Five Top Reasons To Not Attend Girls Camp

Might be my tenth year of Girls Camp – I’ve lost count. Why am I doing this again?

It was a question I asked myself as I packed the car to the ceiling with food, plates and cups, bug spray, and countless other items for 150 girls. Hours of planning and preparation are required to pull off such an event.

Is it worth it?

I took a deep breath as I continued packing late into the night checking off items on my very long list. History has taught me that pessimism can rear its ugly head during such circumstances. This quiet, but persistent visitor demanded my attention and gave the following five reasons why Girls Camp was not for me:

Five o’clock in the morning. I needed to get myself ready and hustle up to Pine, Arizona to meet the youth at Camp Lo-Mia.

Forty years ago I entered my first year of Girls Camp at this same site. A nostalgic thought. I took a good look in the mirror. Only one thing to do.

Pigtails.

 One happy Stake Young Women's Presidency

One happy Stake Young Women's Presidency

I danced and sang with those pigtails. Then and now.

There’s something contagious and wonderful about surrounding yourself with happy, energetic teenagers. Camp is fun and free. Free to be silly. Free to celebrate sisterhood.

Free to be young again.

Maybe I can just lay here for a few minutes and close my eyes. Not enough sleep the previous night was catching up with me.

No rest for the weary. A surprise dance party was planned. Not just any dance party. A glow-in-the-dark dance party under black lights.

Girls and leaders joined together as we put movement to the music. A celebration of light and life.

We were unified as we busted out moves long forgotten. Decades bridged as we applauded and laughed at each other.

Unforgettable. Better than anything I could have dreamed up with a few more hours of sleep. 

A requirement at camp that worries the best of us. The dreaded hike. A necessary event which pulls us out of our comfort zone and forces our minds and bodies into the wilderness.

Ponderosa pines everywhere. As I walked up the trail behind the girls, my friend Dennis encouraged me to put my nose deep into the bark and sniff. Vanilla. A curious fact about these particular pines that I’d forgotten.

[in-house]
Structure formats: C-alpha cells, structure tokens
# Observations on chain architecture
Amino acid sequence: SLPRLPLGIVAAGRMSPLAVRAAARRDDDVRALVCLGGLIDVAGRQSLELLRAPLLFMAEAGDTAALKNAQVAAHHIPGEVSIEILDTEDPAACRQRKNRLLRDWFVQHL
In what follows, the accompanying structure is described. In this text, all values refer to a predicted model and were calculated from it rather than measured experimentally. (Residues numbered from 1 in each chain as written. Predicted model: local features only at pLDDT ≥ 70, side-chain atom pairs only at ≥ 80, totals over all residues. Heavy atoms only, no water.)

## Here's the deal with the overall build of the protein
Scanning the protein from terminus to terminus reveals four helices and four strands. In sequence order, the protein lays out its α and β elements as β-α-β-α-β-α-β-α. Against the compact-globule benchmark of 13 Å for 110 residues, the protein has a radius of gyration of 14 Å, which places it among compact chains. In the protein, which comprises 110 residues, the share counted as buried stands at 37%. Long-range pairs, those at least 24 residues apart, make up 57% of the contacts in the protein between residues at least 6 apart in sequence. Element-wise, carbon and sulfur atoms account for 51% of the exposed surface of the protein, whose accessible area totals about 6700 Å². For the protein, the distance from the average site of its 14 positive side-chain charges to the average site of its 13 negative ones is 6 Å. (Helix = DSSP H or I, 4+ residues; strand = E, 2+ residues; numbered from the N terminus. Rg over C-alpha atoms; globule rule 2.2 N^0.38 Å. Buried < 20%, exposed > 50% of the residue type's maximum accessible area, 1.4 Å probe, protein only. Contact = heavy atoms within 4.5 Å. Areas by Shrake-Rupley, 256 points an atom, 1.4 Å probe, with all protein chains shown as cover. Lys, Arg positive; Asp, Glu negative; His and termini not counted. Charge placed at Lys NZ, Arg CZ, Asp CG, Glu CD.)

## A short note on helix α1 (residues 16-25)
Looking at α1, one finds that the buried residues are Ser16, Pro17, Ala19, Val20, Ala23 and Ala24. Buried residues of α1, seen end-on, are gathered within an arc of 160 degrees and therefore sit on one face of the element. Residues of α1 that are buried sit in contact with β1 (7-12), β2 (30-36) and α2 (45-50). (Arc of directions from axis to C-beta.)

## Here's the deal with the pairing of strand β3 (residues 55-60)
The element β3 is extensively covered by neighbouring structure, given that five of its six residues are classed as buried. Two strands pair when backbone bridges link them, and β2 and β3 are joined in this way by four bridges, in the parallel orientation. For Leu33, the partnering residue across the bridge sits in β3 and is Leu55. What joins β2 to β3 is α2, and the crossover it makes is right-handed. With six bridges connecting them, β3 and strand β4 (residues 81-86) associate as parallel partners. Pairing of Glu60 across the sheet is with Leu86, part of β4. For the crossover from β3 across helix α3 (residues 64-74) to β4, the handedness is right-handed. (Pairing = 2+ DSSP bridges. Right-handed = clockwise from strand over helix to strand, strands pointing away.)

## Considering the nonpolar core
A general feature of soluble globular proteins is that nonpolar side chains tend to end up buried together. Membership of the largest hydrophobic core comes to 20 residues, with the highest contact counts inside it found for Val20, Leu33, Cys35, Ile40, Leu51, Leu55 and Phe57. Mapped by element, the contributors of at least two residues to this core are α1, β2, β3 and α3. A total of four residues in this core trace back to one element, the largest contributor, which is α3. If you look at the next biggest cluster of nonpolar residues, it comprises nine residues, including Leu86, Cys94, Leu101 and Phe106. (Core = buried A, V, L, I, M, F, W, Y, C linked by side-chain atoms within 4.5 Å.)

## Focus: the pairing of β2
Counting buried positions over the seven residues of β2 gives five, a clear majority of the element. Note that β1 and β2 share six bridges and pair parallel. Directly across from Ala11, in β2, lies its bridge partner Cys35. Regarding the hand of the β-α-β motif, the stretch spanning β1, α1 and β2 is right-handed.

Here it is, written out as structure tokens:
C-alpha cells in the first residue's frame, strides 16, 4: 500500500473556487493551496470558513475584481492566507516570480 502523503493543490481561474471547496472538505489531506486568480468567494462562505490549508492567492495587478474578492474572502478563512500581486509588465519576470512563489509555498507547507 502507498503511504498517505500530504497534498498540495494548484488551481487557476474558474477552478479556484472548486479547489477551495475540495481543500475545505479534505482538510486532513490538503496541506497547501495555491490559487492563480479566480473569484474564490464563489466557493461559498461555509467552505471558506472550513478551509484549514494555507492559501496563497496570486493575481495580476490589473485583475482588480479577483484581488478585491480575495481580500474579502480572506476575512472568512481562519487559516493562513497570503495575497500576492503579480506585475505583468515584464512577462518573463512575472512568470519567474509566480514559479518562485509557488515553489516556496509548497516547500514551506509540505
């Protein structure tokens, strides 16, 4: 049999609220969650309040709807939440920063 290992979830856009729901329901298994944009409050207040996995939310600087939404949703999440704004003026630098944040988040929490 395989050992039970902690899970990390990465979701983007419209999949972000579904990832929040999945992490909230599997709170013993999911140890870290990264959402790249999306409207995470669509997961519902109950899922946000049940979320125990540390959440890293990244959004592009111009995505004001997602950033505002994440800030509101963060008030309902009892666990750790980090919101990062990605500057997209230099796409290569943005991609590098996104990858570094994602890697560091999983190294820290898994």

The JC’s took advantage of the quiet scenery and taught us about ourselves.

The girls stood in circles, reached across, and grabbed hands. An entangled mess. Challenged to work as a group and get themselves back into the original circle without releasing their hands.

We talked about lessons learned. Getting out of difficulties in life. Patience as we figure how to fix our entanglements.

Addye is a 13-year-old member of my church group. Her mother wanted her to attend camp with the other girls her age, but was concerned about her special needs. Addye has Down Syndrome. I told her mother to come with her to camp.

I watched as Addye joined with the other girls for games and singing. I watched her listen attentively during spiritual discussions. The camp experience was surely a success for her.

I learned afterwards from Addye’s mother that she was profoundly affected as well.

Addye’s mother watched her daughter make new friends. By watching the interactions between the girls and her daughter, she recognized new ways that she might help Addye become independent.

Her mother learned how unconditional love is acquired. She watched some girls dutifully serve Addye where no common interest or communication existed. Some girls were at ease in the service. For others, it was too much for more than three to five minutes. But always in that service came appreciation, kindness, love and then the unconditional love and charity.

Teens reaching out and serving each other and teaching others who watched.

“Welcome to the belly of the whale.”

A statement that grabbed my attention immediately as we sat on logs in a quiet grove of trees.

The bible story of Jonah. I’d heard it. But the LIT’s took that story and made it come alive.

We were Jonah. We applied his grief and doubts to past and future events in our own lives. We spoke of trials. And pain. Things we all share.

The LIT's testified. Our tears are prayers that only God can hear. Trust that God knows your trial. Ultimately it will make you a stronger person.

Seventeen-year-olds testifying to 12-year-olds. Words packed with power because they were spoken by peers.

You were made for a reason. He loves you with infinite love. Forget about your imperfections because God doesn’t make mistakes. You are the miracle sent here straight from heaven.

I watched their faces. Quiet contemplation. Determined eyes. Stillness so thick you could feel it as the Spirit taught.

Lessons we all learned in a grove of trees.

Testimonies were written on flags that hung from the lodge ceiling in celebration of new commitments made. A stirring sight.

And so we take these girls away from it all for just a few days. Close them off from the latest YouTube videos and attempt to open their mind and spirit to a higher level of understanding.

Summer is short. Each year it seems the school calendar begins sooner. There is only so much time. Choices must be made.

Camp Lo-Mia. Why am I doing this again?

Pigtails, sleepless nights, hikes, teenagers and life lessons …

See you next year.